Editors Note: Today’s guest post captures what many single women in their 40s feel. If you’ve been there, or are there now, this post will probably resonate with you. Whether it’s the off-side comments, the incredulous looks, or “the poor her” side-eyes that get thrown by the happily (and sometimes unhappily) coupled up, it all can be overwhelming at times. But there’s something this writer wants people to know about many single women (and men) in their 40s…
I am a 44 year old woman and I’m single by M.R. Wiggins
I am a 44 year old woman and I’m single. Never been married. No kids. Living life solo. I don’t say this to elicit pity and I also don’t wear it as some sort of badge of honor. I’m just stating a fact. It is a reality that many people live with daily. I stress the word live because that is what many of us are doing – living. We’re not cowering in a corner, weeping because we haven’t started families. We live. Oddly, many around us don’t see it this way.
If one has managed to get to 40 and not become a spouse or is not in a committed relationship, they’re often looked upon as damaged in some way. Something must be wrong with her if she’s still single. Sometimes people’s reactions are subtle, while others are blatant and in your face. For instance, I might attend a family reunion where I’m asked “So, do you plan to settle down soon?” Really, I don’t think that I could get any more settled than I am now. Or, I might run into a friend that I haven’t seen in years whereupon I’m asked if I’m married. “No.” “Are you seeing anyone?” “No.” This is usually followed by the ‘that’s-so-sad-what-a-shame’ look. I don’t think that most are aware of the small pangs that they’re inflicting with such comments, which is why I don’t generally address it with them. However, my passive stance goes out the window when I’m incredulously asked “Why don’t you have a special someone in your life?” My rote response is “I just don’t.” Simple.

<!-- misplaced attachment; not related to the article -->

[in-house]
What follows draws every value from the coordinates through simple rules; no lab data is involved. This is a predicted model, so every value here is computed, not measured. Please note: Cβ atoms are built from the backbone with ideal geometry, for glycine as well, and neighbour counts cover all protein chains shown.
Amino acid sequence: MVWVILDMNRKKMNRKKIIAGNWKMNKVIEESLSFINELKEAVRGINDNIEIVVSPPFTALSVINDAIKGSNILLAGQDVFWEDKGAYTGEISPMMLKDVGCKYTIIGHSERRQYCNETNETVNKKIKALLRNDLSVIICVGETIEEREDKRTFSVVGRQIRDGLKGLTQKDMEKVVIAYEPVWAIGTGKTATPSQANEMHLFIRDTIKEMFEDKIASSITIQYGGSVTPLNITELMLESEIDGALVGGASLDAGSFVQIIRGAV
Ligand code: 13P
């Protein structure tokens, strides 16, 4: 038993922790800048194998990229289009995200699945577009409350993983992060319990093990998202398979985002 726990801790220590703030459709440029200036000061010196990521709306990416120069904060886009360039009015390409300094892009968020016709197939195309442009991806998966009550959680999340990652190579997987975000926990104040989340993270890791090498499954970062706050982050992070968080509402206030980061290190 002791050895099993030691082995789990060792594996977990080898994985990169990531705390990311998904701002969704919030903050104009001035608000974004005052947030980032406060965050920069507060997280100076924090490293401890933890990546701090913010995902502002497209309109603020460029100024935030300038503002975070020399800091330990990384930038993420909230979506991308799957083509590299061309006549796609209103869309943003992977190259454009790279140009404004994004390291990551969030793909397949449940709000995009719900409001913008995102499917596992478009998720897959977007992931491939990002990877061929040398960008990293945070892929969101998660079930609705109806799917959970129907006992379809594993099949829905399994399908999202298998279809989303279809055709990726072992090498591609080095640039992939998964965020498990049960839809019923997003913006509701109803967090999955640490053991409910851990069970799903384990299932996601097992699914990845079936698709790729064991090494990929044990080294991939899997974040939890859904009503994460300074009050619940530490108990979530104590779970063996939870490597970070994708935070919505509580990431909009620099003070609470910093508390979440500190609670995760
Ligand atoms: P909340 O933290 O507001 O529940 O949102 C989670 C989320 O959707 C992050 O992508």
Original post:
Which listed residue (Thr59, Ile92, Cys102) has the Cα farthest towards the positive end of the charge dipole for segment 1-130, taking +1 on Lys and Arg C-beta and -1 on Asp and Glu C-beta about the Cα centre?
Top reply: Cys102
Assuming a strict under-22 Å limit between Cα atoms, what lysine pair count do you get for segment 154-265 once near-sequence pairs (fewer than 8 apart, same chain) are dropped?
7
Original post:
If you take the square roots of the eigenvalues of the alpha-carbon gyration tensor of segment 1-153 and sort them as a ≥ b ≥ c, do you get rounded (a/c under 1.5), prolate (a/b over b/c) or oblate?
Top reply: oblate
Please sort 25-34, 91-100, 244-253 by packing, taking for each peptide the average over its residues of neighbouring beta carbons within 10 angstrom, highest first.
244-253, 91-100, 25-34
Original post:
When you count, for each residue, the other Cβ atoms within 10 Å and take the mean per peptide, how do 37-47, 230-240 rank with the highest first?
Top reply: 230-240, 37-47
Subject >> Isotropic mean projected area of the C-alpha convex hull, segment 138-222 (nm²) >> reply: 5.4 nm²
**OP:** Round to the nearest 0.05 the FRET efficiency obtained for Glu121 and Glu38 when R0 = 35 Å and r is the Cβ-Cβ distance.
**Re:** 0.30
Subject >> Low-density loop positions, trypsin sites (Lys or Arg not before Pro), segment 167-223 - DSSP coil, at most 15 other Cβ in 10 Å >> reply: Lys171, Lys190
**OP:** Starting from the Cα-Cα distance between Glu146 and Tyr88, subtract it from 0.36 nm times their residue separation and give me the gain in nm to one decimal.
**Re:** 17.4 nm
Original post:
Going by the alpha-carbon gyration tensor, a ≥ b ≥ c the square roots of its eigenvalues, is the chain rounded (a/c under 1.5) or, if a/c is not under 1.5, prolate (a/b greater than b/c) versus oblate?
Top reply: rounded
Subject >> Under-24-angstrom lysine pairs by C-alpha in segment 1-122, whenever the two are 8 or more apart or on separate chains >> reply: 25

The older I get, I notice some people giving me the occasional side-eye when asking about my personal status, as if something is wrong with me. Trust me, I’m a together woman. I’m intelligent, kind, witty, mature, mild-tempered, independent, cultured, ambitious, educated and attractive. I’ve been called “the total package” on more than a few occasions. I’m merely single. I’ve gotten used to the looks, the head tilts, the pity pats on my hand and shoulder. It’s almost comical.
I understand that we live in a culture where people are expected to be coupled up by a certain age and if this hasn’t happened, then there must be a problem with you as a single person. What I don’t understand is why singleness at a certain age is viewed as a flaw. This couldn’t be further from the truth. I love my life and I’ve always tried to live it to the fullest. I have a wonderful family and loving friends. I’ve had an interesting and varied career. I’ve literally traveled all over the world. I’ve even dated here and there. I am not unique. This is the life of countless post-40 women (and men for that matter) that I know. None of us have side-stepped life waiting on our ideal mate. We embrace life and all of its wondrous experiences.
While I believe that as humans, we all need human connections, I don’t think that everyone should be in a committed relationship. Some people just aren’t emotionally equipped for it. Others have no desire for such a relationship. To each his own. I, myself, am not against committed, monogamous relationships. Quite the opposite, in fact. I think that marriage is a wonderful institution. The idea of building a life with someone and loving them (and being loved) unconditionally is heart-warming and comforting. Who knows, I may even get married one day. However, I refuse to believe that my life is any less rich and eventful than anyone else because I’m on life’s journey by myself. I will continue to explore the world, to learn new hobbies, to develop new skills, to surround myself with things that make me happy and to love those in my life to the fullest.
I am a 44 year old woman and I’m (happily) single, living life.
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